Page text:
Trigger Warning: Short Fictions and Disturbances by Neil Gaiman (William Morrow) — I love short stories and now I love Neil Gaiman (confession: this book was the first complete Gaiman work I read). Packed with something for just about everyone (horror, non-romantic romance, crime, monster stories, etc.), the stories in this collection are not only well done, but they also come with beautiful lines that continue to tumble around in your head for several months after you’ve put the book down.
Selfish, Shallow, and Self-Absorbed: Sixteen Writers on the Decision Not to Have Kids edited by Meghan Daum (Picador) A diverse grouping of writers present the stories behind their childlessness, whether childfree by choice or by the circumstances of life. Personal and at times almost too honest, these essays explore the reality that non-parents can live a deeply fulfilling life, even in a society that continues to regard the childless with judgmental suspicion.
Spinster: Making A Life of One’s Own by Kate Bolick (Crown Publishers) Finding herself suddenly without a mother in her early twenties, Bolick finds five women (all deceased writers of one kind or another, all of whom at least at one point declared they’d not marry) whose work and personal lives shepherd her through her own years of discovering who she is. Fun and easy reading, the book packs fascinating biographical information about these women into essays about her own forays into (and out of) love and learning how to shape life in her own way.
The Only Ones by Carola Dibbell (Two Dollar Radio) Set in post-pandemic New York City, this book follows Inez’s story as what starts with her signing up to be a donor (she – and, by extension, her blood, urine, eggs, and anything else she can sell from her body – is immune to the diseases ravaging the population), leads to her being left to raise her own clone as her child. New to motherhood, to helping someone else survive, and to hiding from the governmental and religious groups for which she is now a target, Inez wins over readers with her charming and resonant navigation of motherhood, particularly for those readers who find themselves similarly surprised by parenthood.
Year of Yes: How to Dance It Out, Stand In the Sun and Be Your Own Person by Shonda Rhimes (Simon & Schuster) – Fans of Thank God It’s Thursday and those who have no idea what that references (note: it’s the name given to Thursday nights, thanks to Creator & Producer Rhimes’ three popular, back-to-back TV shows) will find this book clever, personal, and empowering. Peppered with references devoted fans will love, this book details the year its introverted author took to stop avoiding things which scared her, and to instead say yes to every opportunity that came her way.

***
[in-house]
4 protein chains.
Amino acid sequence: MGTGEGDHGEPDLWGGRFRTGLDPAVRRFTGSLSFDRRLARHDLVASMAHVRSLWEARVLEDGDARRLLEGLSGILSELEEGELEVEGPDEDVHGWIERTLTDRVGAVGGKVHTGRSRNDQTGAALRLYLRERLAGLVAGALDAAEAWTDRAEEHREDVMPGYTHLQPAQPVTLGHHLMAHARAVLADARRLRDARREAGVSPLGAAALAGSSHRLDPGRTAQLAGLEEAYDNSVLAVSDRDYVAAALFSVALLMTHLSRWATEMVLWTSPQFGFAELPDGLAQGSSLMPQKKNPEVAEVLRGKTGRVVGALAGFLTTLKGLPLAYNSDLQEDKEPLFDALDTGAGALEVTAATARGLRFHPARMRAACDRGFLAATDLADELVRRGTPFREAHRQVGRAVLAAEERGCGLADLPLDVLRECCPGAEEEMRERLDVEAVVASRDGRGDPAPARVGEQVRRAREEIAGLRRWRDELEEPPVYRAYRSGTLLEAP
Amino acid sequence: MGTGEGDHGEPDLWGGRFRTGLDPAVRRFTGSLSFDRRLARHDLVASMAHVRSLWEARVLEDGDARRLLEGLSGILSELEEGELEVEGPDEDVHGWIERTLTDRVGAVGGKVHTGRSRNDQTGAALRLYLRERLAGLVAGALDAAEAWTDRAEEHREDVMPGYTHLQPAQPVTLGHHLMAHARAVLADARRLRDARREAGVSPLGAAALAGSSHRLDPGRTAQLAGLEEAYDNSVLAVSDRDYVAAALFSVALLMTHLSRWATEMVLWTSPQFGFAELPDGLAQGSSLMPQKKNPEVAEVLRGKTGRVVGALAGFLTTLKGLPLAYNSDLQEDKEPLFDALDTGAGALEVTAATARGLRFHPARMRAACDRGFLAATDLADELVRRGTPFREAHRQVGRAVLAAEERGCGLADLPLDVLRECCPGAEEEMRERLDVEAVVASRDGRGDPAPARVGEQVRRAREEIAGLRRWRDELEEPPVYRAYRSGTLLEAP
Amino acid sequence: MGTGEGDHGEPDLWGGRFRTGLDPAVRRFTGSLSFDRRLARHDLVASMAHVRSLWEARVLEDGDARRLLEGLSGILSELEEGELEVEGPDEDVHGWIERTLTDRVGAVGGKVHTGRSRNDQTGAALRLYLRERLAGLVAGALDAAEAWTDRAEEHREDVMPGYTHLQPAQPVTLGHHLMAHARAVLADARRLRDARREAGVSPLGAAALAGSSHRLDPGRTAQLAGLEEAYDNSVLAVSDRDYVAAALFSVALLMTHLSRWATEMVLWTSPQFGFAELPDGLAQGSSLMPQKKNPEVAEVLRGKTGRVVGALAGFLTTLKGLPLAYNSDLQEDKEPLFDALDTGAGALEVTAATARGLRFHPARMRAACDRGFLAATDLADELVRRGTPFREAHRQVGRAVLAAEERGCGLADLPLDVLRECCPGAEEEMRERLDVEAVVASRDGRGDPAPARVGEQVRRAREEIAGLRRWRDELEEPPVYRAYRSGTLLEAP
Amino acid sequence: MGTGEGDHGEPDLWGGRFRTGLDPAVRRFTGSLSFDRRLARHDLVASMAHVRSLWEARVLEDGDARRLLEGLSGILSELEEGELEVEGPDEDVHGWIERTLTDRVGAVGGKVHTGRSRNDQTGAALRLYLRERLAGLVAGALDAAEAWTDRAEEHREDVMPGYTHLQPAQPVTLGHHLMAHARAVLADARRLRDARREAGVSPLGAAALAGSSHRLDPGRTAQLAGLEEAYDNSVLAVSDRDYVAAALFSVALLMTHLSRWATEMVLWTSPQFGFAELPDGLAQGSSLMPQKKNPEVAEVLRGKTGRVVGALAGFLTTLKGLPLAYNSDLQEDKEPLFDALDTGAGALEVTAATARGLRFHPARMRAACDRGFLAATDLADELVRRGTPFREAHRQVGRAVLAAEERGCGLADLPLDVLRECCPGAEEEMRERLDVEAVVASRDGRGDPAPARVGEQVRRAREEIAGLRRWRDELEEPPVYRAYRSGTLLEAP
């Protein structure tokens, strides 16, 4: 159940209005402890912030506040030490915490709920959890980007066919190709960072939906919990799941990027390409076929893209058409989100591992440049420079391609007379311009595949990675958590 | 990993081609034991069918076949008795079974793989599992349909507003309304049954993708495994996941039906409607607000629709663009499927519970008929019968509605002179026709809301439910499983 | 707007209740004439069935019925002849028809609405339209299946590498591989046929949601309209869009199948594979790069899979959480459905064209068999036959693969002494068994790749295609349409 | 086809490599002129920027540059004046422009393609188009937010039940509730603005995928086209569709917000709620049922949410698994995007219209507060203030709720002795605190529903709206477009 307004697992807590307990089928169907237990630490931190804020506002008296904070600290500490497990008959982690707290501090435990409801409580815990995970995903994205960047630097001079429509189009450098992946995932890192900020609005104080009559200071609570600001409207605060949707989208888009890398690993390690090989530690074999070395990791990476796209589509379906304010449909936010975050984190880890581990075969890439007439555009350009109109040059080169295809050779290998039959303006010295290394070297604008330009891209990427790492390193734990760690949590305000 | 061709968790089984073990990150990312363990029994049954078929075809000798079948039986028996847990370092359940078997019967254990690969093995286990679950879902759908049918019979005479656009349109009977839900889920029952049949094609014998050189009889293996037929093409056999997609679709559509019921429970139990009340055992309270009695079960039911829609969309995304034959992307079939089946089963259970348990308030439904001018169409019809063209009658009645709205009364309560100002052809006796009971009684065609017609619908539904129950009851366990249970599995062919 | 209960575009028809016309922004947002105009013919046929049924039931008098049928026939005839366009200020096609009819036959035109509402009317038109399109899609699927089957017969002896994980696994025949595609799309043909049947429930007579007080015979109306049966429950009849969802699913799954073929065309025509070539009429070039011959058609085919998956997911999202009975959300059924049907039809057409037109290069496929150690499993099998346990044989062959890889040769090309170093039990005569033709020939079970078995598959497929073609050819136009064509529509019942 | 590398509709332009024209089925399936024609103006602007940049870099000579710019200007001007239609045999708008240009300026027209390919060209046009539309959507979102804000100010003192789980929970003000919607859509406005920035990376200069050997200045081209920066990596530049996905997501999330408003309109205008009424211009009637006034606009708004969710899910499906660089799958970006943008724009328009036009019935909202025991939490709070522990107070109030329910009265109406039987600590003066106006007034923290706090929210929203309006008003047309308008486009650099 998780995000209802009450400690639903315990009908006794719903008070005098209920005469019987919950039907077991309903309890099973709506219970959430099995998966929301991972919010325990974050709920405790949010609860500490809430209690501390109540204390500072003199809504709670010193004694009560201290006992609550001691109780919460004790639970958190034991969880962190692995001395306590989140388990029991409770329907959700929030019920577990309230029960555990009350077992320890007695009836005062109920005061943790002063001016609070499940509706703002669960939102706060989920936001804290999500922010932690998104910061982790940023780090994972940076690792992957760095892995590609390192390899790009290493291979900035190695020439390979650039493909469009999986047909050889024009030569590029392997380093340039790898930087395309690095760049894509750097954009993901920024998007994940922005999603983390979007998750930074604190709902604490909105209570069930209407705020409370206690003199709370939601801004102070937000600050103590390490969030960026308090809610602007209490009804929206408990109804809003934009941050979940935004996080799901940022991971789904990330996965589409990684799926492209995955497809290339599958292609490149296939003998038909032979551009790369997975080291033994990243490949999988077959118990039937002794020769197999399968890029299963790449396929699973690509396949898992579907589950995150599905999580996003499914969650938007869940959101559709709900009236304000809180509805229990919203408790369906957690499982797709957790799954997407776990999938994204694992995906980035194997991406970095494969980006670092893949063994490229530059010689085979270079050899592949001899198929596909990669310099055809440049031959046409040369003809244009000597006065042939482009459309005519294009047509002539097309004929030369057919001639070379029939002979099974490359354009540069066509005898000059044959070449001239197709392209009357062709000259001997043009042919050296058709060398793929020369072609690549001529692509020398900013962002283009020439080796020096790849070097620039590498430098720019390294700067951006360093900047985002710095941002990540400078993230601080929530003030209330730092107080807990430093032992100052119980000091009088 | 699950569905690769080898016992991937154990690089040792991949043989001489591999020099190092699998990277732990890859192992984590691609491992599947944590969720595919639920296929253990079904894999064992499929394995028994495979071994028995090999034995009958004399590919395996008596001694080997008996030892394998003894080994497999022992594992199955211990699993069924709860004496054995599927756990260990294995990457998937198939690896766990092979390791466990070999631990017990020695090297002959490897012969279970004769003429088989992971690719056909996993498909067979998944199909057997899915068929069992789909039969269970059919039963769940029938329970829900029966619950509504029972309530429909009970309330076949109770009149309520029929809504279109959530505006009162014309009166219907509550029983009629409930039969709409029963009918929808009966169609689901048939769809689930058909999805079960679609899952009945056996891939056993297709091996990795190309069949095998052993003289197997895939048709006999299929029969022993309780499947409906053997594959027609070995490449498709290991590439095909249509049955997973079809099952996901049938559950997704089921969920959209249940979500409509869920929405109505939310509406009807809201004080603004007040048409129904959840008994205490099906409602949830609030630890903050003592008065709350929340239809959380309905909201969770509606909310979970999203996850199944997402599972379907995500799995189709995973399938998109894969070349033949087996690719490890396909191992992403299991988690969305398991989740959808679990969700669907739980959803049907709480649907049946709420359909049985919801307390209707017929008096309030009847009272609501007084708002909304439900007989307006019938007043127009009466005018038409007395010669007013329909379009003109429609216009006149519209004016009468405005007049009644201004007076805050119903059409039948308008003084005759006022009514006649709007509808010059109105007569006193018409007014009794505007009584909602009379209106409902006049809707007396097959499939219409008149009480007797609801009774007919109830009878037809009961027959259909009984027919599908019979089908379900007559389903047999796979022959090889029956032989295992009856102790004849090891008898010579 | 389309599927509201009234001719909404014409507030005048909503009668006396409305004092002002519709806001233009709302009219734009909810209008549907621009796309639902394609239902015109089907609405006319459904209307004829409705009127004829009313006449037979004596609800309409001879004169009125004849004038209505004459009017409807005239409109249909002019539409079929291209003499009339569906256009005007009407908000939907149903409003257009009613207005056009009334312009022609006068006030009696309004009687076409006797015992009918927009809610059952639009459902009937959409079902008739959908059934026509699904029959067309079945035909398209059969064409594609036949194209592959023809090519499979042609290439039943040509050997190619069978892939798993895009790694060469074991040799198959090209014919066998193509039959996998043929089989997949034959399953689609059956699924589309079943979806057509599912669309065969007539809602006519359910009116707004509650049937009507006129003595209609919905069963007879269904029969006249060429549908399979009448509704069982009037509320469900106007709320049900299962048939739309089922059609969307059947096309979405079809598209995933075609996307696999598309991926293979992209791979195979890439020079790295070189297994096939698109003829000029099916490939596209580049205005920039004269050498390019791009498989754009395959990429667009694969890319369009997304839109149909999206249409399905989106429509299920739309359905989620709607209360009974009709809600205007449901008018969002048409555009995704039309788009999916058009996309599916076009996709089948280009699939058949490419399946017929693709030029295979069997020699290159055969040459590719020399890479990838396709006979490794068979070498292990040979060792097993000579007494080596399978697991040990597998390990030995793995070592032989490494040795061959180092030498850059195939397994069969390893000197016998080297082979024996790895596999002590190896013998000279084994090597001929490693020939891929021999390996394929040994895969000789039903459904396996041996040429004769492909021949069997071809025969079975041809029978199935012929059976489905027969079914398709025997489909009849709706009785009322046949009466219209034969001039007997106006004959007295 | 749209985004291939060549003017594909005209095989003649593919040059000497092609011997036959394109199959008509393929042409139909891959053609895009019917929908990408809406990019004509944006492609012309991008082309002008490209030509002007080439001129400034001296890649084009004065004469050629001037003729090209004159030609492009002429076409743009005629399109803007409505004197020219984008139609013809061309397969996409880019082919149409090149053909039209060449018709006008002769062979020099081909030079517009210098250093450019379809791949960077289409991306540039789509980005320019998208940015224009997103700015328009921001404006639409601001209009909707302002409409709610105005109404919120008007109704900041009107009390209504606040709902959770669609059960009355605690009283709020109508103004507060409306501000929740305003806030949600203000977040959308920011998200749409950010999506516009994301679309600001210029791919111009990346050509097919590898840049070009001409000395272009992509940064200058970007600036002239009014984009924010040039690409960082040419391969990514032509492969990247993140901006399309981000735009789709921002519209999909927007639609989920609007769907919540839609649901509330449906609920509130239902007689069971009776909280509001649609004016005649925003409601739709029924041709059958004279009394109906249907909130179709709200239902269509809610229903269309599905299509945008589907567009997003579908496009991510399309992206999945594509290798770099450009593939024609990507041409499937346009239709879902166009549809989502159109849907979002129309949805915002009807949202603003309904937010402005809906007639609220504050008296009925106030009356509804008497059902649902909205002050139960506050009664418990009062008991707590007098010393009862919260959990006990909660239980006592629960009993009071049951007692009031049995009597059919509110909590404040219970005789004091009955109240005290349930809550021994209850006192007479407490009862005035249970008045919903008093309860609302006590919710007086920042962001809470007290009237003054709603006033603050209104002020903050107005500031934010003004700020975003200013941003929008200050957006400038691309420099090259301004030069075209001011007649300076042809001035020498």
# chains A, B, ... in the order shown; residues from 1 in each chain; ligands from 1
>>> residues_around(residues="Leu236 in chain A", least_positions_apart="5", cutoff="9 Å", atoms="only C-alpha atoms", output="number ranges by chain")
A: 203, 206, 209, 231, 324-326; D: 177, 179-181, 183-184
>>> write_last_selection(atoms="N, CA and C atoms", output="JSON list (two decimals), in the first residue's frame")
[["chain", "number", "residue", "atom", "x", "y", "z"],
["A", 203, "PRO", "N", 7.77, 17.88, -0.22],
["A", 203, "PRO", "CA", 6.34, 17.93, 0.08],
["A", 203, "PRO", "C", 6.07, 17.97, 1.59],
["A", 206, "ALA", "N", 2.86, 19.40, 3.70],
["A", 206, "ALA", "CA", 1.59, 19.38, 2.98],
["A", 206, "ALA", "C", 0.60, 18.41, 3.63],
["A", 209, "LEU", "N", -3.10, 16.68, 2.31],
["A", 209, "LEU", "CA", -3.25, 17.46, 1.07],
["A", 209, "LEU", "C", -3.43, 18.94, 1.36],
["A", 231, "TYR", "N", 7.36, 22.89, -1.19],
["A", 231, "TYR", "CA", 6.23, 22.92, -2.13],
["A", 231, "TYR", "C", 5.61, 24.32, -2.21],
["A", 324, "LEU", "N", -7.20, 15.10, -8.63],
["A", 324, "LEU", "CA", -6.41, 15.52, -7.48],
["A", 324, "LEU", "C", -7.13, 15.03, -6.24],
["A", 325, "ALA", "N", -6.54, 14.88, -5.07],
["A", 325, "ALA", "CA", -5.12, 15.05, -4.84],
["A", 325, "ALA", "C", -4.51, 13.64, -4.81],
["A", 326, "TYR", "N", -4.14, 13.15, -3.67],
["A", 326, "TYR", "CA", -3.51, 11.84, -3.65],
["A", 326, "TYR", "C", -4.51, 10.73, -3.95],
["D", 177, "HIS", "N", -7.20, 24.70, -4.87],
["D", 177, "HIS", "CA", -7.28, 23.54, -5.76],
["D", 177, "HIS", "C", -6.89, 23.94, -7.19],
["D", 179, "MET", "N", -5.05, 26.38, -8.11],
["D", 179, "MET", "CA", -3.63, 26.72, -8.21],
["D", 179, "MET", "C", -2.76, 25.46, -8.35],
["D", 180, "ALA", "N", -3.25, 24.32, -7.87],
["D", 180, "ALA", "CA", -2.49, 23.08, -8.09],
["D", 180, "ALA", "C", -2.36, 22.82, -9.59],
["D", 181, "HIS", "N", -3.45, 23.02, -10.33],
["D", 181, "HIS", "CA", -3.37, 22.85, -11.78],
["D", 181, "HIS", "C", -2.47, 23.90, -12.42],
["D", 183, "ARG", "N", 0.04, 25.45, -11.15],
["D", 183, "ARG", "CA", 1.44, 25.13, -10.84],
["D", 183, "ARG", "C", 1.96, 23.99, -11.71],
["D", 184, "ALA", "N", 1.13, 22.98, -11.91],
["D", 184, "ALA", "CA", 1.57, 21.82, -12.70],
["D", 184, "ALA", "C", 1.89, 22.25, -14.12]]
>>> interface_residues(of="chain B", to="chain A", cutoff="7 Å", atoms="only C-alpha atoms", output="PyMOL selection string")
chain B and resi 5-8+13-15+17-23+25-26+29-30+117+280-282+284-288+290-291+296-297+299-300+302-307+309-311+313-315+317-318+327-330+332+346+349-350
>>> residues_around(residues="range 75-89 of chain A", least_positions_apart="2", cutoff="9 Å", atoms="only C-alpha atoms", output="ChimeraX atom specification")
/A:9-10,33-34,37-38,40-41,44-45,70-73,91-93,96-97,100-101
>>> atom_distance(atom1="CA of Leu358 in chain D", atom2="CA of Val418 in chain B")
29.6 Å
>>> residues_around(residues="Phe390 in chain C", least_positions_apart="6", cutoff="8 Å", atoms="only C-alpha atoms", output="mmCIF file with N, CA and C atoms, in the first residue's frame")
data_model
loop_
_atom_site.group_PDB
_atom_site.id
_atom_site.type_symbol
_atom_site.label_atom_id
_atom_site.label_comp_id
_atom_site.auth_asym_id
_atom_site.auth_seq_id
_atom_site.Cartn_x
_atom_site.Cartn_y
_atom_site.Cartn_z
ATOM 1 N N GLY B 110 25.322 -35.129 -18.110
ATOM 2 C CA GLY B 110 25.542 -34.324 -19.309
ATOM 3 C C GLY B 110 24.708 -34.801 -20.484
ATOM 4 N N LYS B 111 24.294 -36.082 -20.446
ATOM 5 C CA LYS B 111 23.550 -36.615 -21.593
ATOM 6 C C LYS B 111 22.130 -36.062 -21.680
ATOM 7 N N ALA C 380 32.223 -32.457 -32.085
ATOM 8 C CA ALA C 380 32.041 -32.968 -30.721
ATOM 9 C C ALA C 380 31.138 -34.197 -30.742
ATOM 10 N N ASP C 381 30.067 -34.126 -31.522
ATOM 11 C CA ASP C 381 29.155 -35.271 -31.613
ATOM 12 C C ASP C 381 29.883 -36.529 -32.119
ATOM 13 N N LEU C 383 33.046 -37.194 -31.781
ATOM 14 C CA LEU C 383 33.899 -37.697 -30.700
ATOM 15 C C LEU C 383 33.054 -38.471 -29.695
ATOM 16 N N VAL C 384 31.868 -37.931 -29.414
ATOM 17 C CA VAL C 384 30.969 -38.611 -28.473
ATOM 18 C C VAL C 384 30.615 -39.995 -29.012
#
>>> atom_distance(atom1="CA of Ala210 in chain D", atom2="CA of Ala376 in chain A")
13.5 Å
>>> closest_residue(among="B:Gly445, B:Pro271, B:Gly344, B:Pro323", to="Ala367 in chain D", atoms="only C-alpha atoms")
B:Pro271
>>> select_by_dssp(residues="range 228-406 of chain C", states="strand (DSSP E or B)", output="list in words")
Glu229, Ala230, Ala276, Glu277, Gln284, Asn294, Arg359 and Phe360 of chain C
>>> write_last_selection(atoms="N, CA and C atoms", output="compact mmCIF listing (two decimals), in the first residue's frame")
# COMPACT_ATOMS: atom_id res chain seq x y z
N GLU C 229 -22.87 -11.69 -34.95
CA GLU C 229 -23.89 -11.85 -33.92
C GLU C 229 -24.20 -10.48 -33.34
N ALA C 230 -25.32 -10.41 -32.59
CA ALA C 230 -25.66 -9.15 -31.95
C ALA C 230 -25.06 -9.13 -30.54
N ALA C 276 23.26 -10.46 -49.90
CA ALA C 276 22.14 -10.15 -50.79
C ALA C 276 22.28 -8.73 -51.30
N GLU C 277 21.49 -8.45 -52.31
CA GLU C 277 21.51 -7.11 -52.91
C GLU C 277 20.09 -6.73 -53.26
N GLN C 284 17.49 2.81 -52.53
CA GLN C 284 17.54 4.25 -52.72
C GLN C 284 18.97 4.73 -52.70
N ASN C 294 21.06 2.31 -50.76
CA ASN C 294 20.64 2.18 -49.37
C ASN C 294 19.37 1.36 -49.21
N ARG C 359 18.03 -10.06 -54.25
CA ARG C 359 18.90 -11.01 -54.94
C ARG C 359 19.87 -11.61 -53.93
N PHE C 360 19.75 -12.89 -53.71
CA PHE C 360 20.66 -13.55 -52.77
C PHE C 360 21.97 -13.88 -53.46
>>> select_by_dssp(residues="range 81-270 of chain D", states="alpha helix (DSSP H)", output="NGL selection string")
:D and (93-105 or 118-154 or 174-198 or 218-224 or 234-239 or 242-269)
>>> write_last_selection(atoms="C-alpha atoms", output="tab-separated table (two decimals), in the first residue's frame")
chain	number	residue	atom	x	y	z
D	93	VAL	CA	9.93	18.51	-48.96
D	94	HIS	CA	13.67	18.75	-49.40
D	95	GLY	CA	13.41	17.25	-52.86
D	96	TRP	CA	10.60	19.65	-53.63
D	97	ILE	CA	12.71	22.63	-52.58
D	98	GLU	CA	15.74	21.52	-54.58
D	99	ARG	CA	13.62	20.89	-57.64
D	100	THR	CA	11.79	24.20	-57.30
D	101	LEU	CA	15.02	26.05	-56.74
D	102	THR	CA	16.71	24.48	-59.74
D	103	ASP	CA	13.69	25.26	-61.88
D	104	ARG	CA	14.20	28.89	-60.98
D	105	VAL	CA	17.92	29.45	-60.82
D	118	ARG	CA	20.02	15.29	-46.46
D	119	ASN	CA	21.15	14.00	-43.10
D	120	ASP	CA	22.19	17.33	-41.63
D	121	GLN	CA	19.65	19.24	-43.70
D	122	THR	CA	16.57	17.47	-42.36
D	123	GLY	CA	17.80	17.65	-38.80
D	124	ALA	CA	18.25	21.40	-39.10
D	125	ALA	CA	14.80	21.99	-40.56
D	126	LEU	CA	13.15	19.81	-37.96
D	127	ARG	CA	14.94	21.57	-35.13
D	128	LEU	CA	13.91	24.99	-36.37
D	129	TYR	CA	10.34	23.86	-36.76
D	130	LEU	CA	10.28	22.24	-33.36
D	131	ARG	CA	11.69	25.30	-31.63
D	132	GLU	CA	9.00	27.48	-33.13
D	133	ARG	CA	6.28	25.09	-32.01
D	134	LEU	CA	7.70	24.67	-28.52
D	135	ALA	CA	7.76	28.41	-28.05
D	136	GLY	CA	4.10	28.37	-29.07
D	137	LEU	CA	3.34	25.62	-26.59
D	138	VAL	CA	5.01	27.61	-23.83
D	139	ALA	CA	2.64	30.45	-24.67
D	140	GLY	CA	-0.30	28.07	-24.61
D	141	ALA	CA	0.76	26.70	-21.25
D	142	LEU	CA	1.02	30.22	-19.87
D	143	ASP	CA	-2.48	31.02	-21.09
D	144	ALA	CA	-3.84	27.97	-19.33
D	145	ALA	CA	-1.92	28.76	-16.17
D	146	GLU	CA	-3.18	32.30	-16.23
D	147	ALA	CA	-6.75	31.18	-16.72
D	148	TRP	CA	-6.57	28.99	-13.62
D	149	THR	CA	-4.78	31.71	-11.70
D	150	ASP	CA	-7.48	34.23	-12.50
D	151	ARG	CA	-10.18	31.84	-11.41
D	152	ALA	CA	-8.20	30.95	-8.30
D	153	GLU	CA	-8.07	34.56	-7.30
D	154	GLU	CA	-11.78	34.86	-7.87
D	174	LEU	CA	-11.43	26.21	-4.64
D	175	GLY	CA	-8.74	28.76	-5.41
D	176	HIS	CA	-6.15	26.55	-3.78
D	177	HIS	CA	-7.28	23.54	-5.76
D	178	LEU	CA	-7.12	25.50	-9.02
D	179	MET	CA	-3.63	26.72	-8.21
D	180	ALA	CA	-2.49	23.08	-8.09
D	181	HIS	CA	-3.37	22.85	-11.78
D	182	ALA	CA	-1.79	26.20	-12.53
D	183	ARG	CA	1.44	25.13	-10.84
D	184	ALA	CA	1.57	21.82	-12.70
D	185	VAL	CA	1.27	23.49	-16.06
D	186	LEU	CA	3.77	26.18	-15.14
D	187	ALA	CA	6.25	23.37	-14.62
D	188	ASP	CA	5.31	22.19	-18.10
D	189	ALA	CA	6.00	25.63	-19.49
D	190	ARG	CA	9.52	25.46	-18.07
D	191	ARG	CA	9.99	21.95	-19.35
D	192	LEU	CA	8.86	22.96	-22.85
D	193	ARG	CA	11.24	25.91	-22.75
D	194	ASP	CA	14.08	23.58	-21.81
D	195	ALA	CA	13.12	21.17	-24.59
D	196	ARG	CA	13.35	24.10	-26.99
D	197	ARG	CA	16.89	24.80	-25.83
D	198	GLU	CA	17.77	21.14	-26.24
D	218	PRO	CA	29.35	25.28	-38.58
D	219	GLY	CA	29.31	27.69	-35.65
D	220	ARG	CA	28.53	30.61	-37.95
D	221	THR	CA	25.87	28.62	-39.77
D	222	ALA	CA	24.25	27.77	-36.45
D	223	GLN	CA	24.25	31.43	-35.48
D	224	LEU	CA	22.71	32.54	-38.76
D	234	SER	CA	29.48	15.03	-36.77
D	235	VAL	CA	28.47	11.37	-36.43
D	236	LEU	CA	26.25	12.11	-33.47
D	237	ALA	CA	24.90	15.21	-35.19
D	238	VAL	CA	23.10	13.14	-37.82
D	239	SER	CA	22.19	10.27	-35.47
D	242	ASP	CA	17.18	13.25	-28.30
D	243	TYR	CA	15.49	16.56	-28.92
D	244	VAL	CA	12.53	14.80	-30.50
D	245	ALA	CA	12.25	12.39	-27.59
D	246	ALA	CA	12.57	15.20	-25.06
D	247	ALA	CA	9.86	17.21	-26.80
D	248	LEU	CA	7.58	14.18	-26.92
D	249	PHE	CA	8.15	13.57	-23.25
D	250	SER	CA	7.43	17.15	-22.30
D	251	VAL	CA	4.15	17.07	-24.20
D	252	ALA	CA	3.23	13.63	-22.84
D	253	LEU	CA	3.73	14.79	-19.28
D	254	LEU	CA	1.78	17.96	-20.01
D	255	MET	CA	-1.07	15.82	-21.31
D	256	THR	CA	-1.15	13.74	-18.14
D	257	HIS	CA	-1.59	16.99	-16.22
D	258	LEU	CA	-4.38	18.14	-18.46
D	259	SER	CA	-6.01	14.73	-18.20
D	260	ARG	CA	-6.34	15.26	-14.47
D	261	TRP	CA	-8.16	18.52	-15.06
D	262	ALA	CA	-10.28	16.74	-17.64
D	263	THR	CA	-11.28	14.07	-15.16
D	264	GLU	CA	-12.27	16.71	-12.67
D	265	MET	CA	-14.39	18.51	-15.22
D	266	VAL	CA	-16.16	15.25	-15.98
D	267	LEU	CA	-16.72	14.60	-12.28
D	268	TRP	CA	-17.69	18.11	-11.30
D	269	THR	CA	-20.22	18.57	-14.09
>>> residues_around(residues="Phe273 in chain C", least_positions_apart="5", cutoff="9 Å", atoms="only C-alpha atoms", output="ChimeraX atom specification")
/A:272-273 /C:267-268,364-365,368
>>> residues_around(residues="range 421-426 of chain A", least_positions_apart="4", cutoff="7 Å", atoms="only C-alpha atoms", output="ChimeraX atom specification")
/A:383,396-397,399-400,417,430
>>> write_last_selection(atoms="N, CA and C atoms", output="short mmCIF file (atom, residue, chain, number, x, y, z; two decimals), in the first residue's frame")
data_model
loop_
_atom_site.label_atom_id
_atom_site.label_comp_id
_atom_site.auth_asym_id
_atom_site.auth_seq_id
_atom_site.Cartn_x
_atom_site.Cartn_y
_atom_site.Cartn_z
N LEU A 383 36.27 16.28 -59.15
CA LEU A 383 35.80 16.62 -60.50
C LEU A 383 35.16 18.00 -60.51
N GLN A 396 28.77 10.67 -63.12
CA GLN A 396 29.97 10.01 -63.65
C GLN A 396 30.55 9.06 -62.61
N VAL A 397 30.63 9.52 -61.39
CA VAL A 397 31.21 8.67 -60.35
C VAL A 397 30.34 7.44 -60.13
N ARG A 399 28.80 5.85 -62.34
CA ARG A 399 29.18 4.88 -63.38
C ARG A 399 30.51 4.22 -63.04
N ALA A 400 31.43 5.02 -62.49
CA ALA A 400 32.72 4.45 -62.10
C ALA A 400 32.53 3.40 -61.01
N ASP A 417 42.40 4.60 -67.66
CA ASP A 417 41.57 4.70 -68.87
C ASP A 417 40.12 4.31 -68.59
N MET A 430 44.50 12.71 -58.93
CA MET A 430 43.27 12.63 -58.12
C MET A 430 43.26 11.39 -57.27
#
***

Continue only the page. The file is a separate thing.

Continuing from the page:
Furiously Happy: A Funny Book About Horrible Things by Jenny Lawson (Flatiron Books) – The Bloggess’ second book is a sometimes serious, often funny look at surviving and thriving in life in the midst of depression, anxiety, and general “my brain is a real bastard” times. Lawson shares stories from her childhood and adulthood that have made her the slightly neurotic person she is today, and invites us to laugh and cry and cringe with embarrassment along with her.
Katy Goodwin-Bates, contributing critic
YA – All the Bright Places by Jennifer Niven (Alfred A. Knopf) – Started my 2015 YA obsession. I have watched the reactions of my 14 year old pupils as they finish this book and realise that both love and complete despair exist (and then observed them trying not to cry in front of the rest of the class). It is beautiful and heartbreaking and I want to read it again.YA – Six of Crows by Leigh Bardugo (Henry Holt) – Draws you deeply into a completely convincing world, in which the Grisha are magical outcasts, hunted by the evil Fjerdans and sought as slaves by everybody else. Bardugo’s world-building first in what I believe will be a trilogy is absorbing and has one of the most exciting final 100 pages I’ve read all year.
YA – Illuminae by Amie Kaufman and Jay Kristoff (Knopf Books for Young Readers) – Possibly my favourite YA book of 2015. It’s original and completely beautiful to look at, and is almost too exciting right from the outset. This is my most frequently recommended book of the year and, in 2016, I am cutting off all friendships with non-converts.